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Punch line fails, but Oscar Goodman’s downtown dinner is a winner

Updated June 10, 2021 - 5:07 pm

Oscar Goodman took his dinner series crowd on a cruise down Fremont Street during his appearance at the Plaza on Wednesday night.

The journey turned into a spin on Mr. Toad’s Wild Ride.

With such dignitaries as Mayor Carolyn Goodman, Raiders owner Mark Davis and Billy F. Gibbons of ZZ Top in the room, Goodman embarked on a tale from decades ago that involved Ruby Goldstein, a “wise guy gambler” and buddy of Lefty Rosenthal. Goldstein was forever accused of illegal sports betting and bookmaking.

Ruby also had a speech disorder (a stutter, or stammer) and was known as “R-5,” because he always pleaded the Fifth.

In his days as a defense attorney, Goodman repped Goldstein (naturally), who was under investigation by the Los Angeles Strike Force, a multi-agency team of federal, state, and local investigators. Dick Crane headed up the Strike Force. Crane was otherwise noteworthy as a member of the Crane Plumbing family.

Gentlemen are familiar with the “Crane” logo stamped on urinals, for instance.

So, Crane was taking time away from his duties to tend to his ill mother in Connecticut. Somehow, Goodman had learned of Crane’s family crisis before Crane took his trip back east. Goodman offered the law enforcement official a deal, saying “I’ll call a truce, this weekend, if you don’t raid any of my clients, and I won’t pull any shenanigans. Then you can go back to Connecticut to be with your sick mother.”

Crane agreed to that, in Goodman’s recounting. The Goodman family then planned its own trip, to Scotty’s Castle in Death Valley. It was ungodly hot during that drive, with the entire Goodman family — parents and four kids — crammed into a station wagon, or a suburban. Goodman could not remember which. But he did recall, while accelerating through the story, “It was 125 degrees and we had four rotten, stinking unbelievably bad children in the back.”

The clan didn’t make it to Scotty’s Castle.

“We got to, I guess, Pahrump,” Goodman said. He actually spun the station wagon/suburban around, and drove back to Vegas.

The phone in the family home was ringing. It was Ruby, in a panic, having been arrested by Crane and his agents.

Everybody was busted, Ruby told Goodman, through his speech disorder. Goodman of course was furious at the turn of events.

“Crane was there, and I said, ‘After I had my deal? You dirty rotten — I’m going to bury you!’” Goodman said. That statement actually went to a grand jury, as Goodman was accused of threatening to murder a federal officer.

“When I said I would bury him, I meant in court,” Goodman said. “I couldn’t believe what he was doing.” The accusation against Goodman went nowhere with that grand jury, as he aptly said, “They flushed it down the toilet.”

All of this led to the culmination of Goodman’s story, and the entire dinner presentation.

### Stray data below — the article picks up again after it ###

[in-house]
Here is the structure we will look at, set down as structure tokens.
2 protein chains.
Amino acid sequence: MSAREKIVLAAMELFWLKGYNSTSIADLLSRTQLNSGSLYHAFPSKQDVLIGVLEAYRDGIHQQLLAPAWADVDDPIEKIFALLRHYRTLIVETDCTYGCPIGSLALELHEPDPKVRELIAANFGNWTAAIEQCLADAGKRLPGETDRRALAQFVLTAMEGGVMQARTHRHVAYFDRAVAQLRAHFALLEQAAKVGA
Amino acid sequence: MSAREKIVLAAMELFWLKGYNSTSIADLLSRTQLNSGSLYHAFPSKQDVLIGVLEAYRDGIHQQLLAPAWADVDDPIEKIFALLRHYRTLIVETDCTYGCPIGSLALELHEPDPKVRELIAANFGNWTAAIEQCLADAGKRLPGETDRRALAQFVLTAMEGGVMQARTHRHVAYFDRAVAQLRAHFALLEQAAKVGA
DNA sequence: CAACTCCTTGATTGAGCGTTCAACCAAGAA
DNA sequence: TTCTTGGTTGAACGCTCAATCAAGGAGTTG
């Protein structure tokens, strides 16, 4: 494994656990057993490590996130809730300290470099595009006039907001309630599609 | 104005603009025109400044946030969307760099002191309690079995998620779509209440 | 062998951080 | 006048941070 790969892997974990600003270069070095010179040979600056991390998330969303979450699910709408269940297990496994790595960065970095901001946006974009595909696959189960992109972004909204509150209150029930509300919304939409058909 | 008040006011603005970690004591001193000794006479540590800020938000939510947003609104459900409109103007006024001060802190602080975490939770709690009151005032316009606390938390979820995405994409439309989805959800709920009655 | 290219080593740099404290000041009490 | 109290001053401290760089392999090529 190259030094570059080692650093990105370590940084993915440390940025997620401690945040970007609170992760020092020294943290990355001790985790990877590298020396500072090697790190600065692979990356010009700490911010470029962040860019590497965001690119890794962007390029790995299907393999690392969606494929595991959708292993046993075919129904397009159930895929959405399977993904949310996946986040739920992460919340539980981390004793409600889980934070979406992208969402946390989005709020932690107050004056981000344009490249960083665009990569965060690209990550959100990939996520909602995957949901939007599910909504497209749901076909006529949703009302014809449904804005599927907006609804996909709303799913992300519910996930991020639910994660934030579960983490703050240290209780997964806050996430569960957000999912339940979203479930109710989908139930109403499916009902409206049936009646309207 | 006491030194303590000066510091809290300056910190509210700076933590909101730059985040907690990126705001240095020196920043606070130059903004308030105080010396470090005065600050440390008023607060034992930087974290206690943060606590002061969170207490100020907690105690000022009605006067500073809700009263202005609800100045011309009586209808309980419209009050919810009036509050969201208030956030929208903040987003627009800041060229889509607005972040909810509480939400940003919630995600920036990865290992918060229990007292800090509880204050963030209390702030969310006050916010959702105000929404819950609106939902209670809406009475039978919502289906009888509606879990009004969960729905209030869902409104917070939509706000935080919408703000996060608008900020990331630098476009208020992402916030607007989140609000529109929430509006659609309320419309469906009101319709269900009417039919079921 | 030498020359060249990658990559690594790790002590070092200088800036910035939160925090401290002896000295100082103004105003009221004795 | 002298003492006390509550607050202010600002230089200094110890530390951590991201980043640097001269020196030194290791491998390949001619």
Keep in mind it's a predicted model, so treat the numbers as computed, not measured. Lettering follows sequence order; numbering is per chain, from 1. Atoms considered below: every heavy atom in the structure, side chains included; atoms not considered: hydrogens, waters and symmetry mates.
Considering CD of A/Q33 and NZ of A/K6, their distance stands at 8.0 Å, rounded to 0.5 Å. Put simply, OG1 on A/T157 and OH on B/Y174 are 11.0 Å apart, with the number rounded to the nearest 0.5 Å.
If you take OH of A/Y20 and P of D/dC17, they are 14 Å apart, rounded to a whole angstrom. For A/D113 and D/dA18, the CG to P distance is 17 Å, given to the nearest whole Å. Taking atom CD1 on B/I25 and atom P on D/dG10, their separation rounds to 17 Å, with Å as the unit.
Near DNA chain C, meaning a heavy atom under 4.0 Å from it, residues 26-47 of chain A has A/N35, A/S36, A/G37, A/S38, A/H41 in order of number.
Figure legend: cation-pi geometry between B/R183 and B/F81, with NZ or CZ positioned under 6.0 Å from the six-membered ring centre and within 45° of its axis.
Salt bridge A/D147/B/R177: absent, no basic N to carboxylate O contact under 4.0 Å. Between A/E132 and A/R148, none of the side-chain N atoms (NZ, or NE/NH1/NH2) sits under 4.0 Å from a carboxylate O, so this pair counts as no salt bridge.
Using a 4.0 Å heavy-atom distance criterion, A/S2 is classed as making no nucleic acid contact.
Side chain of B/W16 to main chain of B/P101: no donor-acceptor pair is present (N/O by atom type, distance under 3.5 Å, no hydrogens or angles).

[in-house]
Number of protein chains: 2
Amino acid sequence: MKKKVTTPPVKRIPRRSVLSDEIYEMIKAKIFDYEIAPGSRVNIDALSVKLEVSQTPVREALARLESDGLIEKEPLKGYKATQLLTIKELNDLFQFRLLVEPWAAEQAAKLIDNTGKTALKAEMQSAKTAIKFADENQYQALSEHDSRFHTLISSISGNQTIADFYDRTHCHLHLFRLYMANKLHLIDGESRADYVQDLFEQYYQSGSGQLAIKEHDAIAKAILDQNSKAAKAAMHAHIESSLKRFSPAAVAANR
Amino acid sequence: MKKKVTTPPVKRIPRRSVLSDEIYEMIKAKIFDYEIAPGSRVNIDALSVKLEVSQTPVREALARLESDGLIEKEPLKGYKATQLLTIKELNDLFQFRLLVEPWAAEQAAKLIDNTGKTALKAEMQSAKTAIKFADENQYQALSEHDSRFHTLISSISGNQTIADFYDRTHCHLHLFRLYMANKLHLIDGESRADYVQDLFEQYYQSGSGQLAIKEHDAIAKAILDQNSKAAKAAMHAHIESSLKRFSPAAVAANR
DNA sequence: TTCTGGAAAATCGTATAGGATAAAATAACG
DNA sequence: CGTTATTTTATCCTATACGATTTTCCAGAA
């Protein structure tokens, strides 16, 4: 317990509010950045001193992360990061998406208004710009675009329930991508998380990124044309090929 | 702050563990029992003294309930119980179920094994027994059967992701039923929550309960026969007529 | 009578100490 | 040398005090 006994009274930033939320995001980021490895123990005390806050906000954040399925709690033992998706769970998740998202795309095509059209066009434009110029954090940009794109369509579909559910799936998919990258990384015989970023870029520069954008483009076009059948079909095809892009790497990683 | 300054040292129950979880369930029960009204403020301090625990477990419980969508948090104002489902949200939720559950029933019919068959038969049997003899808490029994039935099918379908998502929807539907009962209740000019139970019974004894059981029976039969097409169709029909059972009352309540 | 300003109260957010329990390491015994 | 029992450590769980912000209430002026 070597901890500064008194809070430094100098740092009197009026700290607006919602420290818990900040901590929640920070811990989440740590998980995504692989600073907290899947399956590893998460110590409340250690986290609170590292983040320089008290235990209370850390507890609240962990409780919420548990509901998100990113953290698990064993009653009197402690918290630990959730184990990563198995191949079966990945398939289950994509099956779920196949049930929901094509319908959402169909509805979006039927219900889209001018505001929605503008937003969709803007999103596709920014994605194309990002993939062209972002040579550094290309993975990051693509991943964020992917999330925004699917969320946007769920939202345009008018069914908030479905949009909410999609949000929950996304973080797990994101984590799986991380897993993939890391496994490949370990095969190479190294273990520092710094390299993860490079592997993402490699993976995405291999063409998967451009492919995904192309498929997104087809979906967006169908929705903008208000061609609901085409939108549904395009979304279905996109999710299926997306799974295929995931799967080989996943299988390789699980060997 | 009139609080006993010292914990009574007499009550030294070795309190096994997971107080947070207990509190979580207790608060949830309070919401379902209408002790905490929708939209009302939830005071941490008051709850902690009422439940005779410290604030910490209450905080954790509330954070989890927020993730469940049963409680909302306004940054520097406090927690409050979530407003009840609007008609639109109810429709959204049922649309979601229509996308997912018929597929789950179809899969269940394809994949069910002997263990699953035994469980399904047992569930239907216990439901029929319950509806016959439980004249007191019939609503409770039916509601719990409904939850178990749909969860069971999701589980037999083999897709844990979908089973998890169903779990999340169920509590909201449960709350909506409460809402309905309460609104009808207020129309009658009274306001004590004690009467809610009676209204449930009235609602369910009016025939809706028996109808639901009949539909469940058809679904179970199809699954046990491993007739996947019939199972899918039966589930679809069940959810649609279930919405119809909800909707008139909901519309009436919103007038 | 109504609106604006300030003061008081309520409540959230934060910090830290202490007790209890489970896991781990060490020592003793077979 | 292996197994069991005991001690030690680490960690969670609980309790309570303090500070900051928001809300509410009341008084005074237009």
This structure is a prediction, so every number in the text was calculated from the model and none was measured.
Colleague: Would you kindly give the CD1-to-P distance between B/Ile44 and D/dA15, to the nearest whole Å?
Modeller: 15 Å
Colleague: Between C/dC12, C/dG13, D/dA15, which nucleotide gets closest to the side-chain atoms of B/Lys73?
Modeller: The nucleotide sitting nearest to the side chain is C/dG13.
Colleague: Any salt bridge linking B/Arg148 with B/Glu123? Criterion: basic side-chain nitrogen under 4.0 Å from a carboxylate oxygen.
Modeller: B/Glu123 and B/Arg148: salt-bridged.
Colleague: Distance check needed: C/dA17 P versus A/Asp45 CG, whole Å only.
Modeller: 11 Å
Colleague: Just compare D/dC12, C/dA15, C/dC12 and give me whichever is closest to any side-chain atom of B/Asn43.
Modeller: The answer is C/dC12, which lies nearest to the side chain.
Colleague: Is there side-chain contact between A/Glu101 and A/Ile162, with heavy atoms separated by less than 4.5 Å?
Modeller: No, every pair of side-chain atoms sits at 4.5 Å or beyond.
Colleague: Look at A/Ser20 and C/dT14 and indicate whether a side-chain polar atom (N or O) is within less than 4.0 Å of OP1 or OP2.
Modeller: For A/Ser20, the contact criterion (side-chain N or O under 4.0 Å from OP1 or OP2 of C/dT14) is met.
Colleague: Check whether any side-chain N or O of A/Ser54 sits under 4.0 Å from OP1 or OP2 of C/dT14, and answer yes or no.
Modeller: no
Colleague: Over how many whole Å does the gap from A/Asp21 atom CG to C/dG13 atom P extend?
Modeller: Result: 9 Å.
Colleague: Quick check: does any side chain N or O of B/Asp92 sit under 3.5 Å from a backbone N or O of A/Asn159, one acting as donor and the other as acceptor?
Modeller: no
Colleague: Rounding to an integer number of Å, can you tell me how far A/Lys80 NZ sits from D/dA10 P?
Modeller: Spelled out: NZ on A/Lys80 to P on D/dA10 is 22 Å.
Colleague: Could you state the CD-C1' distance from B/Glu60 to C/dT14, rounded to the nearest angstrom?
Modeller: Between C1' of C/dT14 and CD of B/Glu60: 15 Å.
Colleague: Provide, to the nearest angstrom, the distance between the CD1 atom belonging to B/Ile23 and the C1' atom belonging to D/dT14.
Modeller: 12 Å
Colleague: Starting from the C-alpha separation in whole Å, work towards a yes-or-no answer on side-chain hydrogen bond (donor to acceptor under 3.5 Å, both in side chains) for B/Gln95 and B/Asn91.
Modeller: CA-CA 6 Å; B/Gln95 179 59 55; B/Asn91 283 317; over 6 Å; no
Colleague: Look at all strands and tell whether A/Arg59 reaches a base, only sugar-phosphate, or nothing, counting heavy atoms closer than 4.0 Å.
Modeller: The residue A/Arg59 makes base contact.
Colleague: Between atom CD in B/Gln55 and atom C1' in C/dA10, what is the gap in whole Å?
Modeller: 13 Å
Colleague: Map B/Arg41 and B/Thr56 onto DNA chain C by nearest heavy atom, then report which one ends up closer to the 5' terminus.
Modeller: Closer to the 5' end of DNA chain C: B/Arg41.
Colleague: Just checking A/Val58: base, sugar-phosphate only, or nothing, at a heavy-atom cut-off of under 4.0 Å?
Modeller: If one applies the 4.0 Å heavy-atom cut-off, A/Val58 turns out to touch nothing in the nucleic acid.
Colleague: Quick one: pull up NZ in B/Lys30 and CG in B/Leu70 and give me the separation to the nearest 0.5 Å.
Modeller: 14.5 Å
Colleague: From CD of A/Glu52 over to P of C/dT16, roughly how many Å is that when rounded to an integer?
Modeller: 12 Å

“The whole thing was beautiful because Ruby, when he was being booked, he was put against a white background, and all these serious FBI agents were there with their cameras and their notebooks,” Goodman said, setting up the crescendo of this careening trip down memory lane. “And Ruby looks at them and says, ‘But, but officers! I didn’t even know the girl!’”

What followed was dead silence. Even the crickets stopped chirping.

Several seconds passed, with those around the room looking at each other, and someone called, “It requires a little more setup, Oscar!”

That got a laugh from everyone but Goodman. During the Q&A that followed, a voice from from the crowd asked, “So, was there a girl?”

“NO!” Goodman answered. “I mean, there are some dumb people here! I was saying that Ruby was being arrested for gambling violations. They were taking his picture, and he said, ‘I don’t even know the girl!’”

Plaza owner Johnathan Jossel, seated next to Davis (who also wasn’t getting this punch line) said, “It didn’t work the second time, either.”

The joke’s bombing was funny on its own, even the next day. Goodman said during a phone chat Thursday, “There were a bunch of squares there!” Goodman also jabbed at Davis for showing up during the talk, saying, “Everyone should be late to the first Raiders game at Allegiant Stadium!”

The owner laughed it off, and later mentioned he’d not met Gibbons. That happened, too, as the night wound on. Don’t be surprised to see the ZZ Top front man performing, somehow, at a Raiders game.

Dapper at dinner

Remarkably, Wednesday was the first time I’d met developer J Dapper, whose company owns historic Huntridge Theater. The native Las Vegan is eager to see the place reanimated, obviously, and says the amount of support he’s received since closing on the property on March 31 has been remarkable.

So has the work on the venue, which is being cleaned, renovated and prepped for activity in about three years. The folks at the new SoHo Playhouse of Las Vegas are planning to bring performances to the theater in the fall of 2023, with Dapper making the venue available for original productions and concerts.

In the interim, Dapper has turned us on to @thehuntridgelv Instagram page. It’s loaded with terrific, vintage photos, including a shot of Tony Hawk nearly upside-down on a skateboard on a half-pipe during a show in the mid-1990s. Also posted is the Huntridge marquee for Foo Fighters with “OTHER STAR PEOPLE” from Sept. 18, 1997. Maybe Dave Grohl and the band can be convinced to perform at the reopening. Just a thought, but it is a good one.

John Katsilometes’ column runs daily in the A section. His “PodKats!” podcast can be found at reviewjournal.com/podcasts. Contact him at jkatsilometes@reviewjournal.com. Follow @johnnykats on Twitter, @JohnnyKats1 on Instagram.

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